Lessons From Enron's Meltdown
Who were the prescient few? A handful of short-sellers, people who seek to profit from a stock's decline, and a couple of independent analysts. But investors of all stripes can learn from their willingness to question Wall Street's assumptions.
First off, why would anyone have thought about betting against the likes of Enron and Calpine? Neither company has missed earnings targets recently. In fact, Calpine confirmed Friday that it still expects to post 26% earnings growth next year. Both firms' profits growth has been outstanding for many quarters. Neither sported the stratospheric valuations that were common in the tech sector. Unlike tech, the energy segment of the economy isn't in recession and appears to have solid long-term growth prospects.
What's more, both companies are leaders in their field. Enron is the world's dominant energy trader and Calpine excels at producing electricity from its cutting-edge gas-fired plants. Both are adored on Wall Street. Sell-side analysts have long backed both companies with unabashed enthusiasm -- and continue to do so even as their stocks have fallen over 60% from their 52-week highs.But none of that bothered the doubters -- not one iota. Why?
Checking the Bottom LineOne of the first skeptics on Enron was James Chanos, head of New York-based investment firm Kynikos Associates, which has sold short shares in Enron. Chanos started looking at the giant energy trader toward the end of last year, when it was trading at over $80. What caught his attention was Enron's low return on capital. Sure, the company was posting impressive earnings-per-share growth -- over 30% at the end of 2000.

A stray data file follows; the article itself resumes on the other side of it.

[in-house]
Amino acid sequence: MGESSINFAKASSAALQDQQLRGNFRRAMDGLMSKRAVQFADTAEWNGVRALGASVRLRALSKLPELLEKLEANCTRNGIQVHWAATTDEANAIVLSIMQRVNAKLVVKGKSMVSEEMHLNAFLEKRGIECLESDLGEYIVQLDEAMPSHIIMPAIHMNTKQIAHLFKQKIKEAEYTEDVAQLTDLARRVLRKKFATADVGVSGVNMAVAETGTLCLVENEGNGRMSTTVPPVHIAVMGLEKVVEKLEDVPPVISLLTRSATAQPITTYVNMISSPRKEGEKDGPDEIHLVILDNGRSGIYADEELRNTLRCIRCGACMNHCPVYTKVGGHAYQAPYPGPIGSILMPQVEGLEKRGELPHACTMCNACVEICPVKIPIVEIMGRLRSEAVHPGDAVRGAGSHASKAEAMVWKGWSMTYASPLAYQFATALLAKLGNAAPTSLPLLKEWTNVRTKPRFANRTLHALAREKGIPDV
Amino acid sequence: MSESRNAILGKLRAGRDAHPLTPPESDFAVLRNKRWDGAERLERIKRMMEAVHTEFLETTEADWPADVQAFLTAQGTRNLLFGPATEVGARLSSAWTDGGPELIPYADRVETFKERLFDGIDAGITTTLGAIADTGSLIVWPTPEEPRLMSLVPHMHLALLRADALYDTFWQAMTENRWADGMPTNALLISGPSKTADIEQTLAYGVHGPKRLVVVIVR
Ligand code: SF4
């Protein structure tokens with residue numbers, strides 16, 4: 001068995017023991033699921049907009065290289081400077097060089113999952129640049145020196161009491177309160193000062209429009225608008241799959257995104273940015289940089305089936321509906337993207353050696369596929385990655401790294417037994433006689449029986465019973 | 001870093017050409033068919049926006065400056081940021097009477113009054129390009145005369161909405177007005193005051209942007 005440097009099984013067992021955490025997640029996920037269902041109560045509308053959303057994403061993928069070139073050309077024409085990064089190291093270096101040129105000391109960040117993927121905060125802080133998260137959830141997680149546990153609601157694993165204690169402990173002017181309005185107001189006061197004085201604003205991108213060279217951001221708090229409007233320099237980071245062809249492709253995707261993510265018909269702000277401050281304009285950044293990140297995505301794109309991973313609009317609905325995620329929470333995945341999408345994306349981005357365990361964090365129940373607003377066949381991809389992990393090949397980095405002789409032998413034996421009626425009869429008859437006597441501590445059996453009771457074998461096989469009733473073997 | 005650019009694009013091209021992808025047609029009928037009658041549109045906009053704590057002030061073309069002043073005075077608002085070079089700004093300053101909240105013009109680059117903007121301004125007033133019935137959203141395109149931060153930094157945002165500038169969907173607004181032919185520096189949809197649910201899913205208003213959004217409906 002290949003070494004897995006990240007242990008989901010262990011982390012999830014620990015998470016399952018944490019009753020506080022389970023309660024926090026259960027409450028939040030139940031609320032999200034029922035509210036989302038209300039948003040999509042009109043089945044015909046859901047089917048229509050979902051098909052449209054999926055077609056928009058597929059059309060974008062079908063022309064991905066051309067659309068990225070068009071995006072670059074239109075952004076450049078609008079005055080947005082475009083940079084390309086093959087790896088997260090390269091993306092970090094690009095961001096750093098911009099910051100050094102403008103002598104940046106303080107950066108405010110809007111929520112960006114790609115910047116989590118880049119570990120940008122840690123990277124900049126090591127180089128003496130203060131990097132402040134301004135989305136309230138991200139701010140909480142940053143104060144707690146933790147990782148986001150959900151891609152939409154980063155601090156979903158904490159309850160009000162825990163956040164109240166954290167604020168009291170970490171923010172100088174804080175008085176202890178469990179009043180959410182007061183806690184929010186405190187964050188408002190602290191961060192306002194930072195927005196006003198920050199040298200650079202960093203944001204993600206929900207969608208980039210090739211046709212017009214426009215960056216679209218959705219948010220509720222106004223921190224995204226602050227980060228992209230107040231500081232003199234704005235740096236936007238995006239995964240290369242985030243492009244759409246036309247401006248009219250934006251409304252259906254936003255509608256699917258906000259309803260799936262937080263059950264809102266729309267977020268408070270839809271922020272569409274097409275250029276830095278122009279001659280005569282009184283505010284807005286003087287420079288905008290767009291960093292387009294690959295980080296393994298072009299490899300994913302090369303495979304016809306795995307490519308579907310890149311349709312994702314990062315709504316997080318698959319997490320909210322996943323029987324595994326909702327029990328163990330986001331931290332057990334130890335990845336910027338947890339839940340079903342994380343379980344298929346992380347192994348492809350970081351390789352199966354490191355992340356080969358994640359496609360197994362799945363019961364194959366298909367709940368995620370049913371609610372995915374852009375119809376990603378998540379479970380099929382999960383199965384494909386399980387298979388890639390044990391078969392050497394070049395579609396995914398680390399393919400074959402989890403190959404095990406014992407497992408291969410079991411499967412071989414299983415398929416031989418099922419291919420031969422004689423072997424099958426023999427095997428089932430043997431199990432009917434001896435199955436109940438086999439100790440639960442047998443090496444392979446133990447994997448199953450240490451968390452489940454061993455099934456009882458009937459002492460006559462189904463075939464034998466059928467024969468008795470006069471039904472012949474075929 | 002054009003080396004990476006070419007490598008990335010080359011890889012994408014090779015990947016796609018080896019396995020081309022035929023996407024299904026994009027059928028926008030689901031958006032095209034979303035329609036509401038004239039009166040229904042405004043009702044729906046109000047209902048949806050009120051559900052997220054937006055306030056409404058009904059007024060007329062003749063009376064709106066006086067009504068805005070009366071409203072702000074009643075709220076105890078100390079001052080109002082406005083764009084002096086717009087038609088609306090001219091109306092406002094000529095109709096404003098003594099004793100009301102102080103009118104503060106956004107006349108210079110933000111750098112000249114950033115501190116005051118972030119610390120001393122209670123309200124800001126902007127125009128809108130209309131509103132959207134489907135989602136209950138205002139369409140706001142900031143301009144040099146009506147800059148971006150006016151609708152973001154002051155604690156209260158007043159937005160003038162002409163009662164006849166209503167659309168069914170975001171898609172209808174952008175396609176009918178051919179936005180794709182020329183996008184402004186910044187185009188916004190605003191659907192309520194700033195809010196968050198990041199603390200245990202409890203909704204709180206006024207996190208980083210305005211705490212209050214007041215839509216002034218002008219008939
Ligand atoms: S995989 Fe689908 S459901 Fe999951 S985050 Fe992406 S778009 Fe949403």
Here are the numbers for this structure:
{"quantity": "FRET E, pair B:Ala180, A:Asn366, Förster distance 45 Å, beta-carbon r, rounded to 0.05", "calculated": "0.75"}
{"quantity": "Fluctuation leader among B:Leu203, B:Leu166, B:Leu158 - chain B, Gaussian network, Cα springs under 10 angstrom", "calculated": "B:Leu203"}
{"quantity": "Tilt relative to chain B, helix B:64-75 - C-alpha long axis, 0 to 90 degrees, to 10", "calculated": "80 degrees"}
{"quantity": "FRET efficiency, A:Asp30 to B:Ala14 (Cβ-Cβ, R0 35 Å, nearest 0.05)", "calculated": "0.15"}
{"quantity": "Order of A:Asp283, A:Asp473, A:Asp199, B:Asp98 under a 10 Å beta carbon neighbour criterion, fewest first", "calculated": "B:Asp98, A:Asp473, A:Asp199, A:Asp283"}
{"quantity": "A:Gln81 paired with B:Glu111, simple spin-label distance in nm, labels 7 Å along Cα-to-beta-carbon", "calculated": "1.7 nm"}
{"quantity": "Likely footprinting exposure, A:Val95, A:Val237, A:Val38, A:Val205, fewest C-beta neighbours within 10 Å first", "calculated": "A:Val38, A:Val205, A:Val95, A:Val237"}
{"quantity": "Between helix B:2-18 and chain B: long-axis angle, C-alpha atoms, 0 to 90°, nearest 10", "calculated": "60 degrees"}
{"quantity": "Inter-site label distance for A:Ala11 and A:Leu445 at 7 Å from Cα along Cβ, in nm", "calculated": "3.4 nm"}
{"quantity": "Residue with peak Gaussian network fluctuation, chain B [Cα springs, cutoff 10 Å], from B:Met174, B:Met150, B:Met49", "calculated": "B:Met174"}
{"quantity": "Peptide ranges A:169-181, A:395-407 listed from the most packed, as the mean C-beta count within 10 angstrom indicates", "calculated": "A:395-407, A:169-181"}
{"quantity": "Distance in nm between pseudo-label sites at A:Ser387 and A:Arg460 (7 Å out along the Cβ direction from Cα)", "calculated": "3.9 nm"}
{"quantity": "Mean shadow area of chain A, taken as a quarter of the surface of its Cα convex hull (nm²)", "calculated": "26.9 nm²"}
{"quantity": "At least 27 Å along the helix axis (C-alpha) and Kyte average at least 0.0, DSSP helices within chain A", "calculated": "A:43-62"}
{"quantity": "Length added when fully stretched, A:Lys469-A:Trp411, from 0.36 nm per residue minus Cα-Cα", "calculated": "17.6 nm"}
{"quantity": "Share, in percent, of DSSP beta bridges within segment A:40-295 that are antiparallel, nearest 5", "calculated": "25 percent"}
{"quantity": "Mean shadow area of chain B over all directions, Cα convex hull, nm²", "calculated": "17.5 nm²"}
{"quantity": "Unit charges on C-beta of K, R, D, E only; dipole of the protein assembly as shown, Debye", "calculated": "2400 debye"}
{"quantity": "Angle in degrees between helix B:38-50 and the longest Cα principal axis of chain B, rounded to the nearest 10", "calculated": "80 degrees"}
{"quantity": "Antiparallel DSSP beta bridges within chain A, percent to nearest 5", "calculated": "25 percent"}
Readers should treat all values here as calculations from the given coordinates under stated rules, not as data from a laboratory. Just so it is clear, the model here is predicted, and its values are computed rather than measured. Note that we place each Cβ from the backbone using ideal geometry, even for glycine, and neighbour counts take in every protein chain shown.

Enron, Calpine dropping sharply
Horse of a Different Fire DepartmentAs for Calpine? "That's a different animal from Enron," says Chanos. (Kynikos is also short Calpine.) Here, the hedge fund manager saw parallels with the telecom market, where a glut of supply had depressed prices. "Despite what the bulls were saying, there was a surplus of power coming," says Chanos. While that may not be upon us right now, Calpine's sagging stock reflects the fact that demand for the power it sells may not be as strong as once considered. Meade was also cautious on Calpine. The company's plan is to build around 70 gigawatts of power plant capacity. "That's seven New York Cities worth of power," he says. Meade was concerned about the construction risk involved in building that much capacity. True, Calpine hasn't had construction problems. But the company has a lot more capacity to add. "So the jury's still out," says Meade. "And construction costs are rising across the board." Moral of the story? Don't believe the hype.
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